‘Anti-corruption specialised courts on course’

THE Judicial Service Commission (JSC) is set to establish anti-corruption specialised courts in all the provinces in the country as the commission embarks on an exercise to fully deal with and curb the scourge of graft in the country, Chief Justice Luke Malaba said.

BY CHARLES LAITON

The Chief Justice made the remarks yesterday during the official opening of the 2018 legal year. Chief Justice Malaba, who is also the JSC chairperson, said he was happy that none of his magistrates had been charged with corruption in the 2017 legal year.

“I am happy to report that no magistrate was charged with corruption-related misconduct in 2017. In the superior courts, whispers about such indiscretion remain very low. We can only hope that the strategies being put in place will bring total silence in all the courts,” he said.

The JSC boss said the commission had come up with the idea of anti-corruption specialised courts, as a strategy to eliminate corruption by expeditiously dealing with the cases so as to send a loud and clear message to would-be offenders.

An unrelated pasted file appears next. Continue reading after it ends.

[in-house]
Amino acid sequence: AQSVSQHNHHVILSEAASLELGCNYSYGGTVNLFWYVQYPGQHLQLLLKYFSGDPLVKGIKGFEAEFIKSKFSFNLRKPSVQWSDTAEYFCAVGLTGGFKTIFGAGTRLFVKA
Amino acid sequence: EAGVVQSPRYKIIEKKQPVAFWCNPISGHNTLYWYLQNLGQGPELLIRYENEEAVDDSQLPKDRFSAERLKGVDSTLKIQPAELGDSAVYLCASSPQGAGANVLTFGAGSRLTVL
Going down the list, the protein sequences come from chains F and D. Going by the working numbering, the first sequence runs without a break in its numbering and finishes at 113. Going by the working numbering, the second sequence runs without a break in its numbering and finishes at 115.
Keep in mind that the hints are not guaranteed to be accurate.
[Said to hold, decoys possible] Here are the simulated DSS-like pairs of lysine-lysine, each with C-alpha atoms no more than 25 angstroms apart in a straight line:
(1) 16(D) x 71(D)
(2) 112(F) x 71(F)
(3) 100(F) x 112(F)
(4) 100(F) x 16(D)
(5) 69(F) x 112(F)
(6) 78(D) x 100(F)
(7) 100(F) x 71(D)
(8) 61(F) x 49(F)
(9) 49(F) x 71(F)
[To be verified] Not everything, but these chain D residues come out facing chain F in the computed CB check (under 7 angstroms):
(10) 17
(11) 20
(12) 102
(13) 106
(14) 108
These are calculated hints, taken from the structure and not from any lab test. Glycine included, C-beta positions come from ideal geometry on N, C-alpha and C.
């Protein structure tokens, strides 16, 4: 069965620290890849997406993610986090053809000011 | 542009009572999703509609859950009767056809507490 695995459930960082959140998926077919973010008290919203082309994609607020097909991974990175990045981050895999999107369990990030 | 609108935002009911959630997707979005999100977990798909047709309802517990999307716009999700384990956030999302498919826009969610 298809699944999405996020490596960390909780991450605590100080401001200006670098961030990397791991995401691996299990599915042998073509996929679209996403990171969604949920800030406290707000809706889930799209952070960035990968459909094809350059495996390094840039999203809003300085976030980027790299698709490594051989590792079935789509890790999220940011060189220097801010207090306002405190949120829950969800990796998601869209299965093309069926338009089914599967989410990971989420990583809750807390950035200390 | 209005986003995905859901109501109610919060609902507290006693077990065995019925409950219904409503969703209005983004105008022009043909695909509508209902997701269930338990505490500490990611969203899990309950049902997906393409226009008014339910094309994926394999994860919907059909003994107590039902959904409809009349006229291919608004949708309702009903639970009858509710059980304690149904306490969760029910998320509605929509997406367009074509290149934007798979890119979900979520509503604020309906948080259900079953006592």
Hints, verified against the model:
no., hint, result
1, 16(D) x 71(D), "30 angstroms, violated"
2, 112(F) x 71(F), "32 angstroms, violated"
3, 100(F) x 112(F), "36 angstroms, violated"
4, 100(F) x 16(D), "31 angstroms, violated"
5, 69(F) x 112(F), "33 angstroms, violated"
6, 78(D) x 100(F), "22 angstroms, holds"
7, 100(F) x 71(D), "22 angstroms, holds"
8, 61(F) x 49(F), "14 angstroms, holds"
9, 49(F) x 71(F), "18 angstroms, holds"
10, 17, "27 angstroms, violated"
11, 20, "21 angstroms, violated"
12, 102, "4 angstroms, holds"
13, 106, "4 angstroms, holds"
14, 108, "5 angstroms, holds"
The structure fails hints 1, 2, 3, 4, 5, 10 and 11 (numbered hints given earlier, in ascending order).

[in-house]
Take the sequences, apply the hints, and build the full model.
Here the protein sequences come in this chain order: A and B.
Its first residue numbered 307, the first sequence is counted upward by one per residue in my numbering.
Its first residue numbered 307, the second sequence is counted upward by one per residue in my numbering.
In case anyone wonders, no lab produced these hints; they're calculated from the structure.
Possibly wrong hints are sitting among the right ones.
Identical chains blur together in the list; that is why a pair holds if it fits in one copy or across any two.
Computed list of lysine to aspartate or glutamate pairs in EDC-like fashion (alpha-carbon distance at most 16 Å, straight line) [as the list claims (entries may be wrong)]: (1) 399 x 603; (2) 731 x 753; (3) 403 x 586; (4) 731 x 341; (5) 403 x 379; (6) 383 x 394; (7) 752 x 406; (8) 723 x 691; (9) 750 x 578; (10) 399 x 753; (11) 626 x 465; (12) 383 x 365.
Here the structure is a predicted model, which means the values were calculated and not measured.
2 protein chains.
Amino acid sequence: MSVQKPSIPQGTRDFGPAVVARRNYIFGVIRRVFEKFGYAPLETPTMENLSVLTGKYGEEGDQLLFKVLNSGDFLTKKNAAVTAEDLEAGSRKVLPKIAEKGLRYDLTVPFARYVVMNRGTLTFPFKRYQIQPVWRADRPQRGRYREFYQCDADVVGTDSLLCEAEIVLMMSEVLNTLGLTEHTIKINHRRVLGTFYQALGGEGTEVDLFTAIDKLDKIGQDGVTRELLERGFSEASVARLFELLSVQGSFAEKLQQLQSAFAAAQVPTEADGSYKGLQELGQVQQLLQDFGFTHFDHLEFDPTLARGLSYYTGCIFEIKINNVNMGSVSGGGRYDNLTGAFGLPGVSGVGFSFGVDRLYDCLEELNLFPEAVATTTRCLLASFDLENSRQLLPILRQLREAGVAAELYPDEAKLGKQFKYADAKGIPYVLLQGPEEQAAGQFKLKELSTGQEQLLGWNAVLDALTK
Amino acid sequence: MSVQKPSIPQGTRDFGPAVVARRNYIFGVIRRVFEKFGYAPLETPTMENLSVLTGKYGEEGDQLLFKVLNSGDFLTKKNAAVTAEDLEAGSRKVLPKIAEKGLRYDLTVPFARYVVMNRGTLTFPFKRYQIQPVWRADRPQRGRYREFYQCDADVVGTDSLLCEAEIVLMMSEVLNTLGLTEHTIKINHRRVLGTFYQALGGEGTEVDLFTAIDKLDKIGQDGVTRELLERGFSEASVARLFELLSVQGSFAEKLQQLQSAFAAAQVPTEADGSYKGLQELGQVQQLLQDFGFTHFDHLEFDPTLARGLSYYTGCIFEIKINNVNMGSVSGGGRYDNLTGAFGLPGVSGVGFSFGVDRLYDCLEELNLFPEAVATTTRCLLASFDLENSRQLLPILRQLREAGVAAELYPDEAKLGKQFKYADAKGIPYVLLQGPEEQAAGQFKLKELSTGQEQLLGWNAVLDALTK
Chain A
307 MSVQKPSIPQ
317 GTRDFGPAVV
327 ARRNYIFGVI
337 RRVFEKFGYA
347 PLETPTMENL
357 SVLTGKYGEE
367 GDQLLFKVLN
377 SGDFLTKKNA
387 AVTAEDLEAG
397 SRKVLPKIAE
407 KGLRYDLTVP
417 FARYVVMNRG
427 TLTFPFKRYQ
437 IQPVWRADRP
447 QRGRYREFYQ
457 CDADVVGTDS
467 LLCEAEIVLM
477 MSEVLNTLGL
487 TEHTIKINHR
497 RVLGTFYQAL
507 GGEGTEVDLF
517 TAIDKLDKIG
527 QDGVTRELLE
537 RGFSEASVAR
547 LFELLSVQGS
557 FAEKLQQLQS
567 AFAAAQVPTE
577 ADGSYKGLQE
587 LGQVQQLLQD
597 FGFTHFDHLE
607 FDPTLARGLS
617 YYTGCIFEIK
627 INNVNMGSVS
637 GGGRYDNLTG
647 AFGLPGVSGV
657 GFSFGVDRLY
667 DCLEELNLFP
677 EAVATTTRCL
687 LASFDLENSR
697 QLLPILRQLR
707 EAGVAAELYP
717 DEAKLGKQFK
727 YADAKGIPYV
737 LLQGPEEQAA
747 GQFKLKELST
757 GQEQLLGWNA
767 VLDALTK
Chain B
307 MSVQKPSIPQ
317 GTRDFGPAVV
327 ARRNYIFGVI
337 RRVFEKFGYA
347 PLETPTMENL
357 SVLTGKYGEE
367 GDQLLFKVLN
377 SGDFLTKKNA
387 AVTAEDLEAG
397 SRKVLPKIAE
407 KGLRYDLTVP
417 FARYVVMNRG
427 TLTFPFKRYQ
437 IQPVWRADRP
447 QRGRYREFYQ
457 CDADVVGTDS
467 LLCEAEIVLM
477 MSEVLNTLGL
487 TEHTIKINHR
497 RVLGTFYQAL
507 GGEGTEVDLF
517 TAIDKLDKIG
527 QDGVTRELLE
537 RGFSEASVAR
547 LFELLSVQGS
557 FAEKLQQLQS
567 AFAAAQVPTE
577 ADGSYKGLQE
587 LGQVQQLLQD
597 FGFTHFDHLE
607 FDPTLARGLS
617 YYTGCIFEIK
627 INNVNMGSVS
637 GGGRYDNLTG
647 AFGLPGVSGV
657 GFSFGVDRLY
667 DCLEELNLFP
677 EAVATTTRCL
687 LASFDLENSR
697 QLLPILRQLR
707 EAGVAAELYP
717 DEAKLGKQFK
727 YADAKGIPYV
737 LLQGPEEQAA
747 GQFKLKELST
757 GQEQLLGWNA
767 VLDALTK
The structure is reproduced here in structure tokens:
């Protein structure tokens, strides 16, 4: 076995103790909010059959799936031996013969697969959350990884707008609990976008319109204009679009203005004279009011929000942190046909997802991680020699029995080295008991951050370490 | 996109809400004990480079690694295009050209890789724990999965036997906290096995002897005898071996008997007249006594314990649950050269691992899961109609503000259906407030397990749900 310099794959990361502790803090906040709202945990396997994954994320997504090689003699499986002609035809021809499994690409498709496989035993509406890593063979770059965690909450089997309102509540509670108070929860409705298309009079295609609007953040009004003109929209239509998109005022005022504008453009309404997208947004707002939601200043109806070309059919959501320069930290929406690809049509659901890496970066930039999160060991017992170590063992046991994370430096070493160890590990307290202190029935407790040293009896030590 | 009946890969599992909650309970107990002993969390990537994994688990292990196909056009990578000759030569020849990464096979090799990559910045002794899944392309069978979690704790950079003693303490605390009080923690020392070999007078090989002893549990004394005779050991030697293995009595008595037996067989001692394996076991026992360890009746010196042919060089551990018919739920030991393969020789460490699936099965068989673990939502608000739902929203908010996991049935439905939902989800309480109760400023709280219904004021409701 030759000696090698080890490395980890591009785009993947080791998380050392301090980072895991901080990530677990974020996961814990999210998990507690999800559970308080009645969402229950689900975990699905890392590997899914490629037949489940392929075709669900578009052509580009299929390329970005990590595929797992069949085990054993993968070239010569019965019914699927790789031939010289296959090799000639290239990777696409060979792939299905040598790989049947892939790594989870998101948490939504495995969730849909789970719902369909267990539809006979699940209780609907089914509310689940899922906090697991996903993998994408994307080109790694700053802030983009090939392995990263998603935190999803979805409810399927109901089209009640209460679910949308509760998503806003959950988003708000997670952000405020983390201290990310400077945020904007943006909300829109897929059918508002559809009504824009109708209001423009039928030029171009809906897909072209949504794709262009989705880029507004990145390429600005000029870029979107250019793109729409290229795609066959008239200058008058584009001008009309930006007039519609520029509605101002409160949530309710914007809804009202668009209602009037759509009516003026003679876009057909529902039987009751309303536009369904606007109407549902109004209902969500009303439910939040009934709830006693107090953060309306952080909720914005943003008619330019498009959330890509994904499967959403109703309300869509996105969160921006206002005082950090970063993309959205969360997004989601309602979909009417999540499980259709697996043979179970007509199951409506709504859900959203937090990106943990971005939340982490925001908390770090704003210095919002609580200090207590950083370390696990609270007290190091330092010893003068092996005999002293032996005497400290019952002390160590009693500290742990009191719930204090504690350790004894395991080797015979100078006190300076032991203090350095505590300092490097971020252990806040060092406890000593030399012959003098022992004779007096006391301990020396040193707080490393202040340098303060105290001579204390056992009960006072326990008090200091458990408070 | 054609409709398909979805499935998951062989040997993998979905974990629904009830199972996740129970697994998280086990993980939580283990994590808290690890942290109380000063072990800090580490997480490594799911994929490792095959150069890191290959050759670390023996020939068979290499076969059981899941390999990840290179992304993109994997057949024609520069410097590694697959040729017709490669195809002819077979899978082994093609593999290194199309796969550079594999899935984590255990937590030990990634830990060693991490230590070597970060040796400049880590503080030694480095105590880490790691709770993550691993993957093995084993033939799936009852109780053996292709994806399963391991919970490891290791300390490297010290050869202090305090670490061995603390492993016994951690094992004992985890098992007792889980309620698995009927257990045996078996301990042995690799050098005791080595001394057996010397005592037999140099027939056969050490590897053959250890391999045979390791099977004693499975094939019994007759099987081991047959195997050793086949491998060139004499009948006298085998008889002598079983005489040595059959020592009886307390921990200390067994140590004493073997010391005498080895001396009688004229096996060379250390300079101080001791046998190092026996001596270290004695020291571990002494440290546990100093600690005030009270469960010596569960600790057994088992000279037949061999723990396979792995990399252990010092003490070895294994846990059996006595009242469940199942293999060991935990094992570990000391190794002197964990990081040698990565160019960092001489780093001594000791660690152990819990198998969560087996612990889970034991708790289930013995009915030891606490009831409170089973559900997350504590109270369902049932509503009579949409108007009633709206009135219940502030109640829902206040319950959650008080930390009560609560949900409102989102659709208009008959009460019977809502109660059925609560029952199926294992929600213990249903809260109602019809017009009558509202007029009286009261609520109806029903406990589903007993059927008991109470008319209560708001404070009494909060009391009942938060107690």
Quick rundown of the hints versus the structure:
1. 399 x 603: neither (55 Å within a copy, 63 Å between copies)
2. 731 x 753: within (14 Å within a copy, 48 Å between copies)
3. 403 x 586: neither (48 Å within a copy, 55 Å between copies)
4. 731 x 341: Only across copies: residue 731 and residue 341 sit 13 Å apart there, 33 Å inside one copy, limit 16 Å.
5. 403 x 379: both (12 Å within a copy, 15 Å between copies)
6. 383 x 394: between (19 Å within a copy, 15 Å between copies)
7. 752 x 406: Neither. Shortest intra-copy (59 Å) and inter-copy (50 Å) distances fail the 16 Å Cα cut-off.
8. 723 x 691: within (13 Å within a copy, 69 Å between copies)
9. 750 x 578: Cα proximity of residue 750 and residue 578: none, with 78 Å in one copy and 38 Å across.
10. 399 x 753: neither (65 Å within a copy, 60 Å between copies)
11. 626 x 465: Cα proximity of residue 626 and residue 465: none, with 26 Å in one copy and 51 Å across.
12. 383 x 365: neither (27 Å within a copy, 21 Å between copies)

“The other strategy which the JSC has embarked on to eliminate corruption is the establishment of specialised anti-corruption courts in each province in Zimbabwe …These courts are meant to deal with corruption-related cases expeditiously. We will identify members of staff who will undergo specialised training and be well-resourced to man the courts,” Chief Justice Malaba said.

“I am hopeful that two such courts will be operational in Harare and Bulawayo in the first quarter of 2018. We have made the pursuit of the establishment of these specialised courts one of the goals intended to be achieved consistent with current government policy.”

Apart from the specialised anti-graft courts, the Chief Justice also said the JSC was in the process of introducing an integrated electronic case management system so as to move with time and embrace technology.

“Most jurisdictions within the region have introduced or are in the process of introducing integrated electronic case management systems and Zimbabwe cannot afford to be left behind. The system will assist us to manage, monitor and track all cases filed in our courts. In using the system we will be able to identify bottlenecks that are causing delays in our process.” Justice Malaba said.

“We will then make necessary interventions in order to rectify the anomalies. In short, the system will bring in efficiency in our courts, assist in reducing backlogs and, critically, it will help to eliminate corruption. People will not have to attend physically at court registries to file documents. In suitable cases witnesses would not have to appear in court to give evidence. Virtual hearing would be conducted.”

Chief Justice Malaba said there was need for his commission to move with time, as a jurisdiction, to be able to maintain its vision of world class justice, which is technically aided.

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